The view from Mal Evetts’ window is one of the best in Whakatane – but his role, and that of his co-workers is not to enjoy the scenery, but monitor the safety of those who cross the Whakatane bar or are at sea.
The coastguard’s rescue vessel Whakatane Rescue ll in action.
Radio operator Mal Evetts, on duty at Coastguard Whakatane.
Mal is a radio-operator with Coastguard Whakatane, a role he’s held for 10 years – and during that time he’s been involved in many rescues as one of the Search and Rescue coordinators.
He’s part of a team which includes three paid radio-operators, up to 20 volunteer operators and four volunteer crews, each with five to eight men and women who man the coastguard’s rescue vessel Whakatane Rescue ll.
From their headquarters at Whakatane Heads, radio-operators have a clear view of the sometimes dangerous Whakatane River bar, but boaties can see exactly what they are viewing too – by logging onto the Coastguard Whakatane website and watching the bar in real time, from a camera installed in the watch house.
“I advise anyone planning to go boating at Whakatane to check our website for forecasts and warnings and view the video of the bar, so they can make an informed decision on whether it is safe to set out,” says Mal.
HarbourCam is provided by Coastguard Whakatane and Surtees Boats, and gives an indication of the conditions at the river entrance. However, Mal says any boat operator in doubt of the exact conditions should consult the Coastguard duty operator phone 07 308 7110.
The bar entrance has recently been dredged by machinery, operating from on top of a rock groin, but at low tide still remains shallow and conditions can be rough.
While operators can see what’s happening on the bar in front of them, they still advise boaties to radio the coastguard before they cross the bar, to report the number of people on-board, and ensuring everyone is wearing a lifejacket.
Coastguard Whakatane also recommends all vessels intending to depart or enter across the Thornton, Opotiki and Ohiwa bars advise of their intention to do so prior to the crossing.
Coastguard Whakatane will log the call and monitor the vessel. Once safely across the bar, the vessel reports its safe crossing. If no safe crossing report is received by Coastguard Whakatane within 10-15 minutes, the vessel will be called on VHF 80 and VHF 60 to confirm the safe crossing. If the safety of the vessel cannot be confirmed an “all stations” call will be made; and the matter will be referred to a Marine SAR Advisor and the Police.
Coastguard Whakatane has three part-time radio operators employed for weekday manning of the radio communication centre, while weekend and holiday manning is carried out by volunteer radio operators. The Communications Centre is open each day, 8am to 6pm hours, seven days a week, 365 days a year. Radios are operated on SSB channel 4417 KHZ for long distance coverage and on VHF channel 80 for the general Eastern Bay of Plenty area. During a typical year, the Whakatane operators log some 30,000 calls.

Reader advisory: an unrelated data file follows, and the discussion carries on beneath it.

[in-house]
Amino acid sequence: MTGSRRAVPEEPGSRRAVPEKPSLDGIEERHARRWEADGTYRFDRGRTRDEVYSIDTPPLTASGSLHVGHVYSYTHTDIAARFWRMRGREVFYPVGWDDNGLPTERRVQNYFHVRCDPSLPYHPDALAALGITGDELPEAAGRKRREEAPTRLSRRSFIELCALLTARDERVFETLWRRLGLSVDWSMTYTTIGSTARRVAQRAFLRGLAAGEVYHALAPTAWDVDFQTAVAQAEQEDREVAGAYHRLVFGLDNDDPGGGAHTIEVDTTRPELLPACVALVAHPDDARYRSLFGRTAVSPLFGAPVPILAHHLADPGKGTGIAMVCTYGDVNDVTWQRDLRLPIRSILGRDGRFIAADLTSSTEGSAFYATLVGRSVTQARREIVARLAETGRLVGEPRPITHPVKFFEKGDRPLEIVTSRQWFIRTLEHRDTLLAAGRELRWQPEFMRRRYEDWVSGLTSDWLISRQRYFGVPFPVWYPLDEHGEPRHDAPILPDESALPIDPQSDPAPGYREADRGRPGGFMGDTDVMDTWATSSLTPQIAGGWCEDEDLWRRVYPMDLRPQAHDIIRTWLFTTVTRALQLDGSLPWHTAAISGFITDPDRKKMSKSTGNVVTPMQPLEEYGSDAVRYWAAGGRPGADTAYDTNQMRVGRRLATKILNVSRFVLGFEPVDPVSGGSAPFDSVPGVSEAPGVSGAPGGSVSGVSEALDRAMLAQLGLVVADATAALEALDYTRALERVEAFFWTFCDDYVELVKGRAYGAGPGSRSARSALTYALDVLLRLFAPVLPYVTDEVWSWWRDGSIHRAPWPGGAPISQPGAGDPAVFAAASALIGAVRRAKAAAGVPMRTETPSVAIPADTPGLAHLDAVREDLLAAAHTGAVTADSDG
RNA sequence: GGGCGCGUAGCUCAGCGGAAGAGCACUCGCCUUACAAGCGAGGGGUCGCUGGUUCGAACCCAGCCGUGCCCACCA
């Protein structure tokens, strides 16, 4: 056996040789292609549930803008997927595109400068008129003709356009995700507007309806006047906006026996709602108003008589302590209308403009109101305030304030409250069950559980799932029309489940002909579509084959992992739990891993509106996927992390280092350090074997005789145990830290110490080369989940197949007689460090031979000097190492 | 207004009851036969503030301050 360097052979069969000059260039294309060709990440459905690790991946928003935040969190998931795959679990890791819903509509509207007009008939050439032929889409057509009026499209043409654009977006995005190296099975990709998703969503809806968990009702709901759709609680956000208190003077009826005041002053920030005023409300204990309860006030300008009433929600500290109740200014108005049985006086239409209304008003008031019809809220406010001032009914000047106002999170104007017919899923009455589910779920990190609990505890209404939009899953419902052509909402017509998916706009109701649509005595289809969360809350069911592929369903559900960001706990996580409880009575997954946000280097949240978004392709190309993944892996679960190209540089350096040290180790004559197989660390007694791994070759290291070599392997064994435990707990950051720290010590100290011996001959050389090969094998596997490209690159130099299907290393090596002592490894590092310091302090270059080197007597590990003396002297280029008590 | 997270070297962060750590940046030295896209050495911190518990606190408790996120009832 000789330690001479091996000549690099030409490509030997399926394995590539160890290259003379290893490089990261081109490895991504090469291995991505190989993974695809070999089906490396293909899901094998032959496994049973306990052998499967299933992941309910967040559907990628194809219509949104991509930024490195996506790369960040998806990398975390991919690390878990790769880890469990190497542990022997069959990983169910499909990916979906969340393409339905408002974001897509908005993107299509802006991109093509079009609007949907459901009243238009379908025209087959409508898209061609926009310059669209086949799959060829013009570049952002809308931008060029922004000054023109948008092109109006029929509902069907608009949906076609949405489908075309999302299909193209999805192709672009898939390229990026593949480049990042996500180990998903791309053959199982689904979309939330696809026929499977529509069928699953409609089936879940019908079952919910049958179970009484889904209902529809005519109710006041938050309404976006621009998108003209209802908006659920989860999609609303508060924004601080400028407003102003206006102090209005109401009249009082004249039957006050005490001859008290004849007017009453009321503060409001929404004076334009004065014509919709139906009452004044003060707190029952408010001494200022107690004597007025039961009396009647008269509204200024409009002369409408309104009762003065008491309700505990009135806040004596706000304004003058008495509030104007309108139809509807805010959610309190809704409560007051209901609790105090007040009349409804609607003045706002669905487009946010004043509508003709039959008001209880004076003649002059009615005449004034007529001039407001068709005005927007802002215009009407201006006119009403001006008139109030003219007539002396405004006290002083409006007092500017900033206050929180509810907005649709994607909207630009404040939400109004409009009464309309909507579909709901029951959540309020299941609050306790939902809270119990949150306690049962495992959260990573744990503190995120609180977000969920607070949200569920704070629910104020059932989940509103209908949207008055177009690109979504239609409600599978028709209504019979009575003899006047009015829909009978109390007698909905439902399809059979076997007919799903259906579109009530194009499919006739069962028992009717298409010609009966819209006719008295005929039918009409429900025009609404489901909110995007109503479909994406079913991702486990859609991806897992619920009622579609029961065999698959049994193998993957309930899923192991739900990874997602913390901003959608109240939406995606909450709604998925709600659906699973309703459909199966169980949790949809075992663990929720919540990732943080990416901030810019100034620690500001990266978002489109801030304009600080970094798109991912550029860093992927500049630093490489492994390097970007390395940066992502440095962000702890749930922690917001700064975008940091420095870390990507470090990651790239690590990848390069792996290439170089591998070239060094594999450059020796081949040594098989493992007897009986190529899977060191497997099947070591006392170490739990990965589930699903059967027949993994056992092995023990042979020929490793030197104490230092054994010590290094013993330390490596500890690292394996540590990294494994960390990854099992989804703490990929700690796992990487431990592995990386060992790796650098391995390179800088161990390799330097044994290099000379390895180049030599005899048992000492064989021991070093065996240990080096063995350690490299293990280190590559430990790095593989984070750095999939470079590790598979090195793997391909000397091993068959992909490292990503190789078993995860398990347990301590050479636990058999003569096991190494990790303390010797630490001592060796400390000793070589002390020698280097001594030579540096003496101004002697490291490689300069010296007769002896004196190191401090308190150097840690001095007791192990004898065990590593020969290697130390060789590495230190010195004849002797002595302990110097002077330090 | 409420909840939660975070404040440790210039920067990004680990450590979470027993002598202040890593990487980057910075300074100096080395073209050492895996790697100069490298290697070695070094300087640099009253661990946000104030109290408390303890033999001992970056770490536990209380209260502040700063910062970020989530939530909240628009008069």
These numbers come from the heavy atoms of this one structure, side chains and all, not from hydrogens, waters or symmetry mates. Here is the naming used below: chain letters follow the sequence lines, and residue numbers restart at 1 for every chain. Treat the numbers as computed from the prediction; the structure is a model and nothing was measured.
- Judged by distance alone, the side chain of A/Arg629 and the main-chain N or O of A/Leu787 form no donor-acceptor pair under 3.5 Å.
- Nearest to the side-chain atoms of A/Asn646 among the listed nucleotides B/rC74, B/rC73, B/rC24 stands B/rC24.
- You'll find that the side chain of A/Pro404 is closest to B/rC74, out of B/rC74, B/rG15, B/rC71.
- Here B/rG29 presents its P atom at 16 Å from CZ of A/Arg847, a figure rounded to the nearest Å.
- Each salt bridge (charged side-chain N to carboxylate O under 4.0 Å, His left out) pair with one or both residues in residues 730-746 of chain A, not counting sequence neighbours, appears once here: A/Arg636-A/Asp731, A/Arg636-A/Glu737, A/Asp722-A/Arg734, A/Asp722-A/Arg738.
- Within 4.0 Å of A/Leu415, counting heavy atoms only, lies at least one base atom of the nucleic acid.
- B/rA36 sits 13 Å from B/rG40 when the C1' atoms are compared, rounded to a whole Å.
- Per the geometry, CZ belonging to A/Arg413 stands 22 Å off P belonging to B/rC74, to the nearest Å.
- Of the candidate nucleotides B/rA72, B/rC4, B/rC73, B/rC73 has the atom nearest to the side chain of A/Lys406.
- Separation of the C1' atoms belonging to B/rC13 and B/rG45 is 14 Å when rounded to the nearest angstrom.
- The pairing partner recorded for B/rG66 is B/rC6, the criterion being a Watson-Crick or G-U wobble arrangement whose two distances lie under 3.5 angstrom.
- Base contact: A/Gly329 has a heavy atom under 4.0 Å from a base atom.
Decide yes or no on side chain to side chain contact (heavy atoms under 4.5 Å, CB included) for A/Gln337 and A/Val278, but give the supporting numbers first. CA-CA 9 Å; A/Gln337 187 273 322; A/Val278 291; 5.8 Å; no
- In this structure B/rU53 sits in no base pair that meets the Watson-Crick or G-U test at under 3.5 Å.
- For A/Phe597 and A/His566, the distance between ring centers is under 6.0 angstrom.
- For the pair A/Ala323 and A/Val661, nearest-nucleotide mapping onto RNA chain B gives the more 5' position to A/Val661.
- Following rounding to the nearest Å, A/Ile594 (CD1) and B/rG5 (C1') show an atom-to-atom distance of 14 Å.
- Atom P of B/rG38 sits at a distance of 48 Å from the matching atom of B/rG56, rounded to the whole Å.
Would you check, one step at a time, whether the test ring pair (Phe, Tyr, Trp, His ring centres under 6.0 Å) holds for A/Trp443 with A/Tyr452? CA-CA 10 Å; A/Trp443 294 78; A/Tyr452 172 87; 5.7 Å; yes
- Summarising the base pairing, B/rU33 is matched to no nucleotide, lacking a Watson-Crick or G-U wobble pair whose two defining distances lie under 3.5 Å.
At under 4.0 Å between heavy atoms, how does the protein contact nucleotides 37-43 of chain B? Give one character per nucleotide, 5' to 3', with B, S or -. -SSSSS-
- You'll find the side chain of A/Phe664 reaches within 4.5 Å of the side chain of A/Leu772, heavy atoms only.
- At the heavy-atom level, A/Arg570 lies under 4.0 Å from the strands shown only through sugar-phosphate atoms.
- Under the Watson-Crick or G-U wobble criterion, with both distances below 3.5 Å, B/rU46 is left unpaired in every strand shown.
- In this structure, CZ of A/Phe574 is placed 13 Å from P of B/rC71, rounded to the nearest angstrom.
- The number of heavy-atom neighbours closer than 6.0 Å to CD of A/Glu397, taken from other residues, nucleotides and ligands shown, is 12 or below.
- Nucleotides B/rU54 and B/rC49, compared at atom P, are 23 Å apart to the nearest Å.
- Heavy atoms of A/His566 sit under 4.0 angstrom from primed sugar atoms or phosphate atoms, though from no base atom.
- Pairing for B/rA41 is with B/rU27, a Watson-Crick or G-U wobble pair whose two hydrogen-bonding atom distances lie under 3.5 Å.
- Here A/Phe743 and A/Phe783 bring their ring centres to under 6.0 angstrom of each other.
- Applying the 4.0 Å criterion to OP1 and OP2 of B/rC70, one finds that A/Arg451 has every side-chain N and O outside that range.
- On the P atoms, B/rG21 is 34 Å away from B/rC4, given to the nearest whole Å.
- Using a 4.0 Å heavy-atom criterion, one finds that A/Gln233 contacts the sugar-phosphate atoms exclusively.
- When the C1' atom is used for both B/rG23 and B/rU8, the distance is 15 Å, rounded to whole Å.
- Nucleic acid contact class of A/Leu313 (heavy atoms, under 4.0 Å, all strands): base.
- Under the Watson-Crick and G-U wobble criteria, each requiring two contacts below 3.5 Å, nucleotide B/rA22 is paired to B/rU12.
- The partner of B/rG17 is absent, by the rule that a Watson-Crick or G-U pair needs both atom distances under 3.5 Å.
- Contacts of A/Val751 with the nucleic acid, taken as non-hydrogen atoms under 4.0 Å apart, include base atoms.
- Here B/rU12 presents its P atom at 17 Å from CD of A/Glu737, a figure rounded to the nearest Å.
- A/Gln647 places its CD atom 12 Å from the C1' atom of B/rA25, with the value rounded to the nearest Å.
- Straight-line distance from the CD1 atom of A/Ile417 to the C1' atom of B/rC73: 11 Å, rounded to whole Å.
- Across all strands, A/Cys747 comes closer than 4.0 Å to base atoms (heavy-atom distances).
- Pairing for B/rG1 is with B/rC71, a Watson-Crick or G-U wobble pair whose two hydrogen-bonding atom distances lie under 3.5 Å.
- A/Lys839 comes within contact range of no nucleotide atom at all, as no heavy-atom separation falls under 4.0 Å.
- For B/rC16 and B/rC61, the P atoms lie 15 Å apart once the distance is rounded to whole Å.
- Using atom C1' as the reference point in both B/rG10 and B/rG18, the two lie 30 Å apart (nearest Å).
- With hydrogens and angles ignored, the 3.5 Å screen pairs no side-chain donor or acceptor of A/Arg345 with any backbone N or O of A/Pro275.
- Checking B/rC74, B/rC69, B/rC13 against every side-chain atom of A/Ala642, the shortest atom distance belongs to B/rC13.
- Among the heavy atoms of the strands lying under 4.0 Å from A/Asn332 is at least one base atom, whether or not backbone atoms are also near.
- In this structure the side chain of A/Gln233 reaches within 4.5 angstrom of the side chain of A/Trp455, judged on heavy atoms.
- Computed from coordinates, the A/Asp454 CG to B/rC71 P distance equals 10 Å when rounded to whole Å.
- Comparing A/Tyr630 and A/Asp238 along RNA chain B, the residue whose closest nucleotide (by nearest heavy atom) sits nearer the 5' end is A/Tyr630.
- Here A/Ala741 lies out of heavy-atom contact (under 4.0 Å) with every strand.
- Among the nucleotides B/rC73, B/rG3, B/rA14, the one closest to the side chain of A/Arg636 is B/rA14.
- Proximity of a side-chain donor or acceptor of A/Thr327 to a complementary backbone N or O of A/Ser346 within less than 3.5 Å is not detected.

The aims of Coastguard Whakatane is to promote boating safety and awareness through education and the use of proper procedures, to provide radio communications for members and to arrange and co-ordinate rescue services at sea when required.
The area covered by Coastguard Whakatane extends out beyond White Island and covers a large part of the Eastern Bay of Plenty, which includes three sea access areas; Whakatane River entrance, Ohiwa Harbour and the Rangitaiki river entrance at Thornton.
In 2008 a major investment was made to improve radio equipment and a new computerised system was installed based on VOIP technology. This new system established by Coastguard Whakatane made it possible to communicate with vessels from Coromandel to Hawke’s Bay and including Lake Taupo and the Rotorua lakes. Whakatane is now the radio centre for the whole of Coastguard Eastern Region. This new technology is so successful it will be rolled out throughout New Zealand in coming years. During the hours they’re not manned (6pm to 8am) Coastguard Northern Region has a copy of the system and monitor, and reply and log all of the Central Region calls during that time.
Coastguard Whakatane has four Marine Search and Rescue Controllers, who take control of any marine Search and Rescue (SAR) operations in the area. In major emergencies they work in conjunction with the local Police and the NZ Rescue Coordination Centre in Wellington, handling local communications and activities. When necessary, Coastguard Whakatane also works closely with Coastguard Tauranga, Maketu, Opotiki, Whakatane Emergency Response Team and Ohope Surf Life Saving.
To find out more about Coastguard Whakatane, go to www.coastguardwhakatane.co.nz or view conditions at the Whakatane bar on www.coastguardwhakatane.co.nz/whakatane-harbour-cam